Technical debt can be best understood by breaking it down into the principal and interest components. The principal is the work that goes into building new features, and the interest payments are the workarounds developers need to perform to sidestep risks and inefficiencies in the code. The ‘risks and inefficient code’ piles up and create large interest payments that hamper the speed of technology modernization.
Analogous to financial debt, code debt is okay if you have a plan to clear it in time. Otherwise, compounding interest can create a vicious cycle that never ends. As financial debt can drive businesses into bankruptcy, technical debt can mean a slow death for engineering projects.
In a recent survey by McKinsey, CIOs confirmed that between 10–20 percent of the technology budget for new product development is diverted toward resolving issues related to tech debt. CIOs also estimate that technical debt amounts to 20–40 percent of their entire technology value pre-depreciation, which means hundreds of millions of dollars for larger organizations.
Anything from strategy, talent, process, and architecture can drive technical debt.
Here are a few:
Measuring tech debt isn’t as black and white as financial debt. Technical debt is the difference between the actual time a development team takes to complete a feature and the time it would have taken if the code were elegant and clean, says Martin Fowler.
However, Martin quickly points out that working with such an imaginary estimate can be challenging and proposes a more realistic process that involves including technical debt stories from developers. When developers add technical debt stories to their product backlog—which can look like, “I spent 10 hours extra on this feature because of unclean code in the XYZ module”—technical debt can be measured.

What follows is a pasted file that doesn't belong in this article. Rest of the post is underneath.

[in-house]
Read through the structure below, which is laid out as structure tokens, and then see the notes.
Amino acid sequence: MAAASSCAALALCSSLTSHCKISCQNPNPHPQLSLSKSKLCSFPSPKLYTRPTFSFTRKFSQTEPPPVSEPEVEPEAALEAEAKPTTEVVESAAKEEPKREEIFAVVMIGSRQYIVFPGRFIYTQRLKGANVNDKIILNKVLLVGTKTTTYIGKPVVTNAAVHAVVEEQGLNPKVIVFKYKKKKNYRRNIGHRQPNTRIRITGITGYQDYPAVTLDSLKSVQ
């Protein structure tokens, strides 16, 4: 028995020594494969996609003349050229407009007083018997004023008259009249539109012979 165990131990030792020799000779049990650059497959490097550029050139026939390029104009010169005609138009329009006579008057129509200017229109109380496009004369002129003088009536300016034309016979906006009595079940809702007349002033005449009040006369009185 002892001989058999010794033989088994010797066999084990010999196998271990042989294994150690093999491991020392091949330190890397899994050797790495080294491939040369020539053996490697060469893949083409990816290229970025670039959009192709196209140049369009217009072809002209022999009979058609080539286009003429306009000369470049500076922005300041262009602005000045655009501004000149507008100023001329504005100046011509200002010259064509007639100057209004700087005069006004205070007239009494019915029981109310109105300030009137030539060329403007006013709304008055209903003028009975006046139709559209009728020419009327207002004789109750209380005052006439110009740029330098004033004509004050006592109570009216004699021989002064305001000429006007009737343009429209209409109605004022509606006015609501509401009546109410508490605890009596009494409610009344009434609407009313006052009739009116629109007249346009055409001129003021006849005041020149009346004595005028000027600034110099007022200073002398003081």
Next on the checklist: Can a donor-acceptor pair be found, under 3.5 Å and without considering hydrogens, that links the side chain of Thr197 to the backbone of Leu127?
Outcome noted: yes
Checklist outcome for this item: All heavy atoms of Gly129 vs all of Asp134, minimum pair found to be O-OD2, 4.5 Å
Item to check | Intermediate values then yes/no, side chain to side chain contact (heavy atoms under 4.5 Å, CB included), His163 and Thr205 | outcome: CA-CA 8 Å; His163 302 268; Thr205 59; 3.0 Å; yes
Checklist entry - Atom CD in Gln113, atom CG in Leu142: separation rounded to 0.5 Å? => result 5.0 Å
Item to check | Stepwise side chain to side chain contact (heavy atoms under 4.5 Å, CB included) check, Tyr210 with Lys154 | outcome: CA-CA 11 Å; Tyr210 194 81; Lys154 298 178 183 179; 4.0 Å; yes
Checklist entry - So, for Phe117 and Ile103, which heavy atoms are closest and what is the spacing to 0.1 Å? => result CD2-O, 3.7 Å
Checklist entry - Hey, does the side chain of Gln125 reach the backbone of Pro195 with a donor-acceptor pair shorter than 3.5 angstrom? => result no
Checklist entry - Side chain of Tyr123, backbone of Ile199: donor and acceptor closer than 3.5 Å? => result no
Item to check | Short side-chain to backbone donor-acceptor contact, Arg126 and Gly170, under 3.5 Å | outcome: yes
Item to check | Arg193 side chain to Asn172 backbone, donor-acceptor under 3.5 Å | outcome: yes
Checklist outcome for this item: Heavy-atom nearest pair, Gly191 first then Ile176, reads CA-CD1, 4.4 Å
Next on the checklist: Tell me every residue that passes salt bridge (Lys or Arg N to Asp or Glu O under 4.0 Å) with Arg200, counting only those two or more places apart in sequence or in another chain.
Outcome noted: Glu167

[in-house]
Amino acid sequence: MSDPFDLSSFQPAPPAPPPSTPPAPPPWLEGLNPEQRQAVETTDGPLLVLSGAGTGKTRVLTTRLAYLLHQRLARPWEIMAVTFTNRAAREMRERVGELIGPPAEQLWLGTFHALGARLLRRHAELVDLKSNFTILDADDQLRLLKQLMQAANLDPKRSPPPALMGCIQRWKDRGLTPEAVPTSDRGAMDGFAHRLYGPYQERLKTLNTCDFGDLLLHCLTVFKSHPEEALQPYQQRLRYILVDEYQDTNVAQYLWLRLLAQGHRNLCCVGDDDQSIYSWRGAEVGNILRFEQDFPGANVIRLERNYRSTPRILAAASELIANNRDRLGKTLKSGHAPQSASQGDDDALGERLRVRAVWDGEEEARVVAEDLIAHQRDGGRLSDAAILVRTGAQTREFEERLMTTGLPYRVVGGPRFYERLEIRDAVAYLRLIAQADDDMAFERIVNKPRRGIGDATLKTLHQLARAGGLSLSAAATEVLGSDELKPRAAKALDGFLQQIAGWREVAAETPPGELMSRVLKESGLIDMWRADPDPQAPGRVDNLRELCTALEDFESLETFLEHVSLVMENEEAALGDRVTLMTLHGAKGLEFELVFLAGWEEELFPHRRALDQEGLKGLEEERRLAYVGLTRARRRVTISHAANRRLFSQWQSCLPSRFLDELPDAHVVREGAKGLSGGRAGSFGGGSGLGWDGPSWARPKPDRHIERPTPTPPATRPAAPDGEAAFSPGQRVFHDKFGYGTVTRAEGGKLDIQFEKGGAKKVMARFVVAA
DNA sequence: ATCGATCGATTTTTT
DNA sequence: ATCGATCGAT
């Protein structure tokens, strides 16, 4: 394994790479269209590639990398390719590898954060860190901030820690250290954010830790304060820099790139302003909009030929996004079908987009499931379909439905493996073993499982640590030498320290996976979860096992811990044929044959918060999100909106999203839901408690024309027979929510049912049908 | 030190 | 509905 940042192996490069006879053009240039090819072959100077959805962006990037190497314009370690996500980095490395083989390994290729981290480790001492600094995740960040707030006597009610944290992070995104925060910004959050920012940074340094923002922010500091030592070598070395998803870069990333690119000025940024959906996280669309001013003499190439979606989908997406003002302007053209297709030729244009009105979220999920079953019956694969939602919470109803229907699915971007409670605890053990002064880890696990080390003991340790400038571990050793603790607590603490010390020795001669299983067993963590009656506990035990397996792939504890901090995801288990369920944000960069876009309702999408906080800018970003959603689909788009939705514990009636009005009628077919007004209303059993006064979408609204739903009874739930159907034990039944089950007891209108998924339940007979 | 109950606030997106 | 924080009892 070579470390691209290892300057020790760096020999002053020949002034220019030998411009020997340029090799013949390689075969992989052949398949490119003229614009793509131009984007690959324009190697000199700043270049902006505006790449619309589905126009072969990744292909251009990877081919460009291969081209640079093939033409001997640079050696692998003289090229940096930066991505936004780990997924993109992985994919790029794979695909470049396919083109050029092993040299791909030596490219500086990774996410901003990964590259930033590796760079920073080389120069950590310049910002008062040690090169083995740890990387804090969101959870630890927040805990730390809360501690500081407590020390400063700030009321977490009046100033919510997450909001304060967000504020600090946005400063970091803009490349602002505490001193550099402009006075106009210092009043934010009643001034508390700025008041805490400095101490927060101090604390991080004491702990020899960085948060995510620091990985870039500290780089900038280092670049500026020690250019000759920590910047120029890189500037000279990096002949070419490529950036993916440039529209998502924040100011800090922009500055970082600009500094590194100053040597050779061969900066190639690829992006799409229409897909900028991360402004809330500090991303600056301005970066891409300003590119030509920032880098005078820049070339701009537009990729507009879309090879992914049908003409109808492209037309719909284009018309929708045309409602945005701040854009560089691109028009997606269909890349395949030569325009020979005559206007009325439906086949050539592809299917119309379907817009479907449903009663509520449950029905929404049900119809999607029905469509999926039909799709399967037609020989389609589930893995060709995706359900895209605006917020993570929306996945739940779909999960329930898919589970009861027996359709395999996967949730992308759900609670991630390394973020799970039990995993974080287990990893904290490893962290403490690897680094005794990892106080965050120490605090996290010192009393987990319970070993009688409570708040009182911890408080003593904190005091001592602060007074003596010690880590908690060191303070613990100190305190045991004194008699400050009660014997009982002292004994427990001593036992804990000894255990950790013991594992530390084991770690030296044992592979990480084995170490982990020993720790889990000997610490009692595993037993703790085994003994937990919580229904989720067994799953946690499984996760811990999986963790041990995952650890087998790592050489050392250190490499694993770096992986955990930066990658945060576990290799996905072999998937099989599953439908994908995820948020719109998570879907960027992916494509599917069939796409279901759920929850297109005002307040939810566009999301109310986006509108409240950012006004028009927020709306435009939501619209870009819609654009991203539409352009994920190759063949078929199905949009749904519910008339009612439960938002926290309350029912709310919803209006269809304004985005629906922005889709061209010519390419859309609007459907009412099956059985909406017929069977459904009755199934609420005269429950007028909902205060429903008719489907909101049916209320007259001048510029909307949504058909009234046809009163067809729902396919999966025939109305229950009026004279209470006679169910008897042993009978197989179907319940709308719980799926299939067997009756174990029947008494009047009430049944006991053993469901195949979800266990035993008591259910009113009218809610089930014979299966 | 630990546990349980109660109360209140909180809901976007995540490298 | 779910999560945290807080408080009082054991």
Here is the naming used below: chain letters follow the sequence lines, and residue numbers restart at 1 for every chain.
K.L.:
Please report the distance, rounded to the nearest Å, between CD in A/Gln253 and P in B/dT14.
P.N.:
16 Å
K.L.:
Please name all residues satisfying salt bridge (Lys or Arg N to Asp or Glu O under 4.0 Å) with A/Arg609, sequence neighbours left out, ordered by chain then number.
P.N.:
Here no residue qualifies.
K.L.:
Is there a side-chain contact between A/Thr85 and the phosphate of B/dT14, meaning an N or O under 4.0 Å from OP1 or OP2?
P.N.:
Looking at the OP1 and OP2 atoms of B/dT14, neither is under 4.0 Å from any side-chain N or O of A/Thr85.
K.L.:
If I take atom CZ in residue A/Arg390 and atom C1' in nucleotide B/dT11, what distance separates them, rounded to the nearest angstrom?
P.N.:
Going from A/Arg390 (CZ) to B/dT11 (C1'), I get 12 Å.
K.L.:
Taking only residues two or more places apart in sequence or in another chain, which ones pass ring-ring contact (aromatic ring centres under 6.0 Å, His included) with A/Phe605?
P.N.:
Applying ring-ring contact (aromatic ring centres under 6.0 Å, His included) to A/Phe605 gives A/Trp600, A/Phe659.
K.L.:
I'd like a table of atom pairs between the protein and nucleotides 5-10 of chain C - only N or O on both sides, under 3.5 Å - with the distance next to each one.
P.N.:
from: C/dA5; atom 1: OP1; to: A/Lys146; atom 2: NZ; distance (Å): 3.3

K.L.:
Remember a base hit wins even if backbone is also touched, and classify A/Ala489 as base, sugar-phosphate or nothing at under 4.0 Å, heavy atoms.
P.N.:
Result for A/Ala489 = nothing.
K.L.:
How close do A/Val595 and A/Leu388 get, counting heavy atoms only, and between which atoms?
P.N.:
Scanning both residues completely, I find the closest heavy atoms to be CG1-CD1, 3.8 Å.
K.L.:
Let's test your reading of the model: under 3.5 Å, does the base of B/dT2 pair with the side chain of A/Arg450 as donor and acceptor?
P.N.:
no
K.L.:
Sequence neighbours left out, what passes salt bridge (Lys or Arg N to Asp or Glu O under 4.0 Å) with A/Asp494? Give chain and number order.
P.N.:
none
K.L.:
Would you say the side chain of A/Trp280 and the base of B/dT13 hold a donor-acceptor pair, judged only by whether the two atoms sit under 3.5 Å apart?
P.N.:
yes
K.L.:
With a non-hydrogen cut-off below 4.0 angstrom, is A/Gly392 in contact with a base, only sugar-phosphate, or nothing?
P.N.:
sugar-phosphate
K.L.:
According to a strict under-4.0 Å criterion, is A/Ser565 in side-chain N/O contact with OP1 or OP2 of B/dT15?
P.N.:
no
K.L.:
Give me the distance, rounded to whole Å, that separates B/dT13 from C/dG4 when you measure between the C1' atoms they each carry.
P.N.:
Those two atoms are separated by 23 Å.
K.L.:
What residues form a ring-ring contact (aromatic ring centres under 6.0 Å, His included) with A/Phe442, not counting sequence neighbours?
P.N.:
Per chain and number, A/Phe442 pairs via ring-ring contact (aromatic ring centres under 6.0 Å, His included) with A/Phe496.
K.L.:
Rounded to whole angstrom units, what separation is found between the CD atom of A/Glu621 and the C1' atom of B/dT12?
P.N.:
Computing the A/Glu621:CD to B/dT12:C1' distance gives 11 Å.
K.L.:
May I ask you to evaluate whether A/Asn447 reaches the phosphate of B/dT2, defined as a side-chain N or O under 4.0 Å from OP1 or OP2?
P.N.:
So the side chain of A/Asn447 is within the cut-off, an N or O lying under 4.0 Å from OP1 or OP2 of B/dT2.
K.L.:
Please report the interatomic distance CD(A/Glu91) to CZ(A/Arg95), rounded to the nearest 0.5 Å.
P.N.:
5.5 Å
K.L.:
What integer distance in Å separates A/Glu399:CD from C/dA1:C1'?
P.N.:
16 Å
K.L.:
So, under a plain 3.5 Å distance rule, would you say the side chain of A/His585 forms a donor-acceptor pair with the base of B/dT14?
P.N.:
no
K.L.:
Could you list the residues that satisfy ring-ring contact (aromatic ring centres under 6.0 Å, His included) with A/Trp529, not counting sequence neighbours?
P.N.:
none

When development teams can compare the interest payments to the principal, they can make informed decisions around paying off the principal.
Pointing out the difference between bad code and technical debt is essential, too. Technical debt is not the same as a code mess. If a suboptimal design, let’s say, allows a business to meet a schedule or a particular customer need, then it’s a technical debt that should be paid off in time. However, when a coding decision is not intentional or reasoned, it’s simply a code mess.
The goal is not to eliminate tech debt entirely, as that would require devoting heavy resources to remediation tasks rather than building competitive differentiation. The goal is to make informed decisions about repaying the principal in the wake of significantly compounding interest.
Here are some starting ideas for technical debt resolution:
Hivel helps identify technical debt through an out-of-the-box dashboard that allows you to clearly see tech debt as a percentage of the total work done. It allows you to drill down to the repositories causing the highest tech debt, and take actions such as helping you find your next project that needs TLC, estimate better when you touch those projects, consider refactoring those projects, and more.
Our dashboards are designed exclusively for CTOs and engineering leaders to offer a bird’s eye view of engineering productivity to help them build better software faster.